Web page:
“When I rode him again afterwards he wasn’t right and would go lame behind. It turned out that he had mild kissing spines and when I thought about the accident I realised that it had probably been caused when I twisted in the saddle to talk to Hilary behind, somehow catching Otto’s spine, causing him pain and making him rear.”

Sadly, Otto ended up with a catalogue of issues, including hock trouble — legacies from the fast and ferocious racetrack.

“That problem may have been prompted by coming out of the starting stalls at speed,” Christine explains.

“The vet said that he could inject Otto’s hocks, and he wasn’t worried at all about his kissing spines, but Otto also had inflammation in the laminae of both front feet which would have caused him to walk as though on eggshells.

“I was advised that it would be unfair to try to keep him going and so I had him put to sleep. It was the kindest thing to do, but I still get upset when I think about it, and I think about him a lot.”

“You’re not going to ride again, are you?”

Christine was a relative late starter when it came to horses.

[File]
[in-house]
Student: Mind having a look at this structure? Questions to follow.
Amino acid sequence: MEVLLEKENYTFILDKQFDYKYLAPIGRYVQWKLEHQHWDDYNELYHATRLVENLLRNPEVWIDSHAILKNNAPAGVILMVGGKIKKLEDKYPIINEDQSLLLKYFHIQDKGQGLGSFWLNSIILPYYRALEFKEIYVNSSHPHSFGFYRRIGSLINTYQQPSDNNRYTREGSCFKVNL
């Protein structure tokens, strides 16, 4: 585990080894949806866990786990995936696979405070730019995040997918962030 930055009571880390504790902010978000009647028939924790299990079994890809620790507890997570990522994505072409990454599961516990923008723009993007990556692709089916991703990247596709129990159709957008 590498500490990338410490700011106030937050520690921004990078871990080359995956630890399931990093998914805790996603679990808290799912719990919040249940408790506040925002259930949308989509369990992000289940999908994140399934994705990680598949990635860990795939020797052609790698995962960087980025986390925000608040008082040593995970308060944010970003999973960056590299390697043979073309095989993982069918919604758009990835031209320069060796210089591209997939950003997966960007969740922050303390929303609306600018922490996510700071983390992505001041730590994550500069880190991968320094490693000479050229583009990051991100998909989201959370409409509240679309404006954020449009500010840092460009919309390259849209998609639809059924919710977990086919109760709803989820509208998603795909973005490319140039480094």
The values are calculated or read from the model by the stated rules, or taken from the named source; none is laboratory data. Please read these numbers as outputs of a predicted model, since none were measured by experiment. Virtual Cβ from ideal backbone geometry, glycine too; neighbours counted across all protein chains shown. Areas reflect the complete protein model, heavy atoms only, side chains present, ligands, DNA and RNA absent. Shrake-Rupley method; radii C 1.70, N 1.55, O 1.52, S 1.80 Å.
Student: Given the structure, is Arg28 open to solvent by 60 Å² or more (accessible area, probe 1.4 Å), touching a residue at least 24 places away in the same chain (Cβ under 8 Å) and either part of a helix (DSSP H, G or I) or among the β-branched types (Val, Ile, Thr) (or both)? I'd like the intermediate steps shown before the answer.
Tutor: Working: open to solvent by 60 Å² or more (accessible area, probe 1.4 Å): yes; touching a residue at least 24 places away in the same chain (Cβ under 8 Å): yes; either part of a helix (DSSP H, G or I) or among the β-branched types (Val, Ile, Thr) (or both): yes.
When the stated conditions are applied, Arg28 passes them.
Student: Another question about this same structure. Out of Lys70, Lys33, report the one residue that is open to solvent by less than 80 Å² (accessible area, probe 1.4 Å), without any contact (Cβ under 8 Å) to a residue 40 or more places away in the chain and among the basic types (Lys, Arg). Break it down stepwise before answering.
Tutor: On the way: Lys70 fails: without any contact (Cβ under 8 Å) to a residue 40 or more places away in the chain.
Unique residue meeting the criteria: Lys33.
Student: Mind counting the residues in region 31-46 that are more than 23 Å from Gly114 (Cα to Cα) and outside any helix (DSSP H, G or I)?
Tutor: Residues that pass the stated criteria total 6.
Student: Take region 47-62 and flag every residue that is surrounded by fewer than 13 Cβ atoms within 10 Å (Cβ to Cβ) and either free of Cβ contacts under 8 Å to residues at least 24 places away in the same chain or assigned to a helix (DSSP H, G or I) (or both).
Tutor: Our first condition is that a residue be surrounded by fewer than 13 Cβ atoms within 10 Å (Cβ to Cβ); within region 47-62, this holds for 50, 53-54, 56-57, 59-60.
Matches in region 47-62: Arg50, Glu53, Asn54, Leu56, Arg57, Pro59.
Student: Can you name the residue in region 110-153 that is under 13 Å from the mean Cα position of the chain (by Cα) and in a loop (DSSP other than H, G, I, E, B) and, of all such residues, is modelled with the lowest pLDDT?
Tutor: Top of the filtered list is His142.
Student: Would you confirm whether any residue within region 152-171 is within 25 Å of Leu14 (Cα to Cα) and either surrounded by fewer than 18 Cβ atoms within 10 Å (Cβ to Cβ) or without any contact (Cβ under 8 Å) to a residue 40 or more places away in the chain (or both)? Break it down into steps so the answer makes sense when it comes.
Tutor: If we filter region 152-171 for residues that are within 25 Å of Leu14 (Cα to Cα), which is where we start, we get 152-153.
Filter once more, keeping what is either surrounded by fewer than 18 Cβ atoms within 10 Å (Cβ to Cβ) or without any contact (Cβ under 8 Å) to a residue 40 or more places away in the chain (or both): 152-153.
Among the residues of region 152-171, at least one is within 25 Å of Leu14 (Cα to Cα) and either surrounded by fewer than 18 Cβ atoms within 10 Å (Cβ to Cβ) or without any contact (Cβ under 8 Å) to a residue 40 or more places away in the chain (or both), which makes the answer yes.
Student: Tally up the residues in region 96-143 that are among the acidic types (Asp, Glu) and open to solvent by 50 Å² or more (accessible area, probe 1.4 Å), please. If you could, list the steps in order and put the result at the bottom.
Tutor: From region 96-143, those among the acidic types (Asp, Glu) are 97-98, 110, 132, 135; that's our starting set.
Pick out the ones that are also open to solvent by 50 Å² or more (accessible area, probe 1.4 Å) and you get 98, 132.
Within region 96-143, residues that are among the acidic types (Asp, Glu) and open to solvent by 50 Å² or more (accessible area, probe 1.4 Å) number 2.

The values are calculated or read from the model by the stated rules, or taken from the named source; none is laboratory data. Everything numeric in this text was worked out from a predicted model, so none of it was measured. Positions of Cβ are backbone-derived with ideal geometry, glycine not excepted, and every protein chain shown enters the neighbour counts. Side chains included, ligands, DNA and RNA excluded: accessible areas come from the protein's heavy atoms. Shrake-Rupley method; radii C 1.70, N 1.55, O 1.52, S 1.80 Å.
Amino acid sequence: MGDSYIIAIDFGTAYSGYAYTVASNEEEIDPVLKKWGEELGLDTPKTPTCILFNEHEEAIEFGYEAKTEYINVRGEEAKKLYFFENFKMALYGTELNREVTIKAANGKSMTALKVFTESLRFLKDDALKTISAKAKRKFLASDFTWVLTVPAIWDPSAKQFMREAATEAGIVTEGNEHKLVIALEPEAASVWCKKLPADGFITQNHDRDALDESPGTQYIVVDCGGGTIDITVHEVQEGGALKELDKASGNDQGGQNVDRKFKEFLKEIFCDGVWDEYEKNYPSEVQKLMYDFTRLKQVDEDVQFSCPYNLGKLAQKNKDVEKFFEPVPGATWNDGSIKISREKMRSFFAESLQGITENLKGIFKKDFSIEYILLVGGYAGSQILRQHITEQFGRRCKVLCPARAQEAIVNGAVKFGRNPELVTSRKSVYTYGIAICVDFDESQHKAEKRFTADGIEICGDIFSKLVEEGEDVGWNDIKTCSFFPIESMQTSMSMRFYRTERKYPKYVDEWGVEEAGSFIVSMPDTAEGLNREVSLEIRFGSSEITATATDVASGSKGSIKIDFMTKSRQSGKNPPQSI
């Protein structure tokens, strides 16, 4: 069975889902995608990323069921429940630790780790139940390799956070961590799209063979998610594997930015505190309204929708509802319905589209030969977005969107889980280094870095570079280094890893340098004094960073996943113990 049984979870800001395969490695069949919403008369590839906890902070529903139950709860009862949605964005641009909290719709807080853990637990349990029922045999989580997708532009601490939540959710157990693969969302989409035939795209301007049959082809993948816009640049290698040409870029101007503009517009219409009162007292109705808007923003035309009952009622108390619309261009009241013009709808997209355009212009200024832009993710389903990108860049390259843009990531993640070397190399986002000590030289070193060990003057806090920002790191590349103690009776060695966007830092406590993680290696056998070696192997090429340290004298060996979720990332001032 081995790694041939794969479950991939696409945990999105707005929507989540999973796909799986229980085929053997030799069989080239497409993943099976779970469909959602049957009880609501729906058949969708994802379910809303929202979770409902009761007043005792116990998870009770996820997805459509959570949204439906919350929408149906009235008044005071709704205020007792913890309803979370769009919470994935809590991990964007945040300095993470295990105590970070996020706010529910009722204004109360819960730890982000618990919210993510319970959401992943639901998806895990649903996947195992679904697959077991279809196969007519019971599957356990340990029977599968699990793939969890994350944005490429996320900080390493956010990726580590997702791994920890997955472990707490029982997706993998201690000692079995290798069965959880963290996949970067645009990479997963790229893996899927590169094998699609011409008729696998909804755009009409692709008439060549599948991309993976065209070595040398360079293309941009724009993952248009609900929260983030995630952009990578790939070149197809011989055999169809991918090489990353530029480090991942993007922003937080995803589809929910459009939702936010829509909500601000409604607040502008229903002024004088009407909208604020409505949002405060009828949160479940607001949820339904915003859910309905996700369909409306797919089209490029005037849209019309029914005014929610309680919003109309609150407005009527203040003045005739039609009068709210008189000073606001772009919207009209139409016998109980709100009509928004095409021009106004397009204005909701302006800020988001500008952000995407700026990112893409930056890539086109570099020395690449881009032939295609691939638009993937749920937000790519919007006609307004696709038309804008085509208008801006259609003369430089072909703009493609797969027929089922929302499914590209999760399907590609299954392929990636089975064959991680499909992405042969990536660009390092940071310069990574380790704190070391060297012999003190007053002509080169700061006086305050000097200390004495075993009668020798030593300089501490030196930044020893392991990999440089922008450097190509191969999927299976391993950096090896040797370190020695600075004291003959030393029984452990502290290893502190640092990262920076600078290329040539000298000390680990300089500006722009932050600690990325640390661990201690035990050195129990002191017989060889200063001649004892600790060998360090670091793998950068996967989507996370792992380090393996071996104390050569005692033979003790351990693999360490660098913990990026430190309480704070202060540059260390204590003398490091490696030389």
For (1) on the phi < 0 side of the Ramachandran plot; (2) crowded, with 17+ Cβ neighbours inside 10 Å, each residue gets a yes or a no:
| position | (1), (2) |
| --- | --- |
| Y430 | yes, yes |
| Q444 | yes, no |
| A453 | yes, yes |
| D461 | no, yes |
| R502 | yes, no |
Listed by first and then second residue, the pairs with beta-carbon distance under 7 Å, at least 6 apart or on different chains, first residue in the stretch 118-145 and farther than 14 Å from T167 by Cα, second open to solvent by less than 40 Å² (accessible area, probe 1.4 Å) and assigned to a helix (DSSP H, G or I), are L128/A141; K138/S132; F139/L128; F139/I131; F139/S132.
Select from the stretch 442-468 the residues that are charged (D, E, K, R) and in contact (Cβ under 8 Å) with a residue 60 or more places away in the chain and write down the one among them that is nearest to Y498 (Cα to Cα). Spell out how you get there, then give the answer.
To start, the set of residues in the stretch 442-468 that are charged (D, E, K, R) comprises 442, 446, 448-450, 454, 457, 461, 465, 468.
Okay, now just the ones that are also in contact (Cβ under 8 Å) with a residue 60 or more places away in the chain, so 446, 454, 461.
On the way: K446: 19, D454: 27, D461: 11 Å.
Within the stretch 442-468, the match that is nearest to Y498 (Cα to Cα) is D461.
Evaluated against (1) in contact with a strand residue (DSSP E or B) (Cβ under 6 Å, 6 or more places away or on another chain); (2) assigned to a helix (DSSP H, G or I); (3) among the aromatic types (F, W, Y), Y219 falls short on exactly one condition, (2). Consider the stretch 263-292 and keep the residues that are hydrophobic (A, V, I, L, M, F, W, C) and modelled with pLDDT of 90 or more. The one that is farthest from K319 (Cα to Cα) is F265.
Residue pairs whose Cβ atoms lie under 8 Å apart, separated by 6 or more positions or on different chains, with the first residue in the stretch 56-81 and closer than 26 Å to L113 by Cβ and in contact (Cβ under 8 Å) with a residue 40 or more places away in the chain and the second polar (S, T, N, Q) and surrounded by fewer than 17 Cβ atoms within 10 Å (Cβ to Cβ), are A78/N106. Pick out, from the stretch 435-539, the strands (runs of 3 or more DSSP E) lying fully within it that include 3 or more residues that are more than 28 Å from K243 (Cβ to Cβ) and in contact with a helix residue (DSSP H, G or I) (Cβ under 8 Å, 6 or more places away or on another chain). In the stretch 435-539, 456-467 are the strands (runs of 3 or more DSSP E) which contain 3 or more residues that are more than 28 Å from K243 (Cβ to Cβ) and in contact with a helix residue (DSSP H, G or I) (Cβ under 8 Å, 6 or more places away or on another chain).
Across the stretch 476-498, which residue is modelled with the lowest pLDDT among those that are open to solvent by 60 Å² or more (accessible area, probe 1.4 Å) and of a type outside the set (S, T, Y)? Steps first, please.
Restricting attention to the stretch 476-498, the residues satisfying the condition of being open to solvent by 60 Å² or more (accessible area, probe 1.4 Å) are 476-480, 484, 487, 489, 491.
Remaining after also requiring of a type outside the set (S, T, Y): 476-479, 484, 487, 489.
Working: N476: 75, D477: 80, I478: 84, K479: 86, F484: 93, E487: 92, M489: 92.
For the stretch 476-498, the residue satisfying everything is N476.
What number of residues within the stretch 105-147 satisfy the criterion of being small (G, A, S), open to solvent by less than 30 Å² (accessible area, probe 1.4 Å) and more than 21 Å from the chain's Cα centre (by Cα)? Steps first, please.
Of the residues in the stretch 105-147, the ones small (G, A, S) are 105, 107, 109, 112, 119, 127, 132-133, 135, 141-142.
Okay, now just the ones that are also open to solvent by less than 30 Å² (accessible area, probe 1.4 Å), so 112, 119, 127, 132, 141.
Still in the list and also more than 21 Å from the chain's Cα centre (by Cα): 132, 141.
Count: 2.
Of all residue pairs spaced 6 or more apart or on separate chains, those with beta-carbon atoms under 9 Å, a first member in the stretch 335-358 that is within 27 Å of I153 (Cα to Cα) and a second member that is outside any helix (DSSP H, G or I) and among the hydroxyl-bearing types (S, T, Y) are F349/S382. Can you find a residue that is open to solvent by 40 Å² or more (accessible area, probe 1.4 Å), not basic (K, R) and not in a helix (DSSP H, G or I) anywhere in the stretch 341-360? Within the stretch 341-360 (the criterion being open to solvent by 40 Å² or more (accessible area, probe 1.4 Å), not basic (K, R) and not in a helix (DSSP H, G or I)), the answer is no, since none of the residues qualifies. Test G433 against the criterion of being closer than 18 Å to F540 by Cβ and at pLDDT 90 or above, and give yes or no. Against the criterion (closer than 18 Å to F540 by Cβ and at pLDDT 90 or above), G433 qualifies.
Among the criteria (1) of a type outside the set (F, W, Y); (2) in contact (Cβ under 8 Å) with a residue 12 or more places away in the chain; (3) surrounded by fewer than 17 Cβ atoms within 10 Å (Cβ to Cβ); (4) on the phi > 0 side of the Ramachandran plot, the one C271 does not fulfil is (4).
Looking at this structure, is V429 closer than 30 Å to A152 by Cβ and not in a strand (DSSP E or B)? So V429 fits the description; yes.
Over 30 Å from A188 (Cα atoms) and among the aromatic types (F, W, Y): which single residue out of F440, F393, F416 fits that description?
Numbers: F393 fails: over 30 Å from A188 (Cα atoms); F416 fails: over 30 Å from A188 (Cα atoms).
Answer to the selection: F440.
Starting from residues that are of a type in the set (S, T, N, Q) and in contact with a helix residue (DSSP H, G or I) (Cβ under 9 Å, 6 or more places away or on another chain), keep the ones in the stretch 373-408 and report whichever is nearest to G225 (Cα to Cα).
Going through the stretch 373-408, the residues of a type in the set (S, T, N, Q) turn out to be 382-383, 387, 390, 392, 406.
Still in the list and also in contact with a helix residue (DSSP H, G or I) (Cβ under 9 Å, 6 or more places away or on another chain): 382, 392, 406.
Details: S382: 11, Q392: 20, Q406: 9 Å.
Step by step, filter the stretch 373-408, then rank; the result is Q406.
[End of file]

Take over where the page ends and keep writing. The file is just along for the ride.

“I’d always wanted to ride, but my dad was a farm worker and we couldn’t afford a horse. It was only when I got a job in a saddlers after school that I started riding and also got my first horse — a palomino called Champagne,” she says.

After owning Otto and his successor, Ballagawan Beauty (aka Beau), Christine contented herself with exercising horses for other people rather than purchasing her own.

These days she rides two mares, cares for two ex-eventer geldings and works part time in a convenience store in Polgate.

“I only had Beau for 18 months and then I had to sell him because Stephen was so ill,” says the grandmother of six.

Stephen, Christine’s partner of 10 years, had been suffering from renal failure — polycystic kidneys to be exact, an inherited condition that eventually led to him undergoing a transplant in his late 40s. However, 18 months later his new kidneys started to fail and they had to be removed.

“During the last four years Stephen was back on dialysis, his blood pressure would drop and he was on a lot of tablets. He kept deteriorating. Dialysis wasn’t doing what it should and eventually his veins were in such a state that the blood wasn’t getting to his heart.”

Stephen died aged 55 in March 2019.

“He was so encouraging to me. He was a football ref and so he understood my passion for sport and horses. After I fell off Otto my poor mum said, ‘You’re not going to ride again, are you?’ I had to tell her that I was.

“But Stephen never even asked. Instead he went and bought me an air jacket.”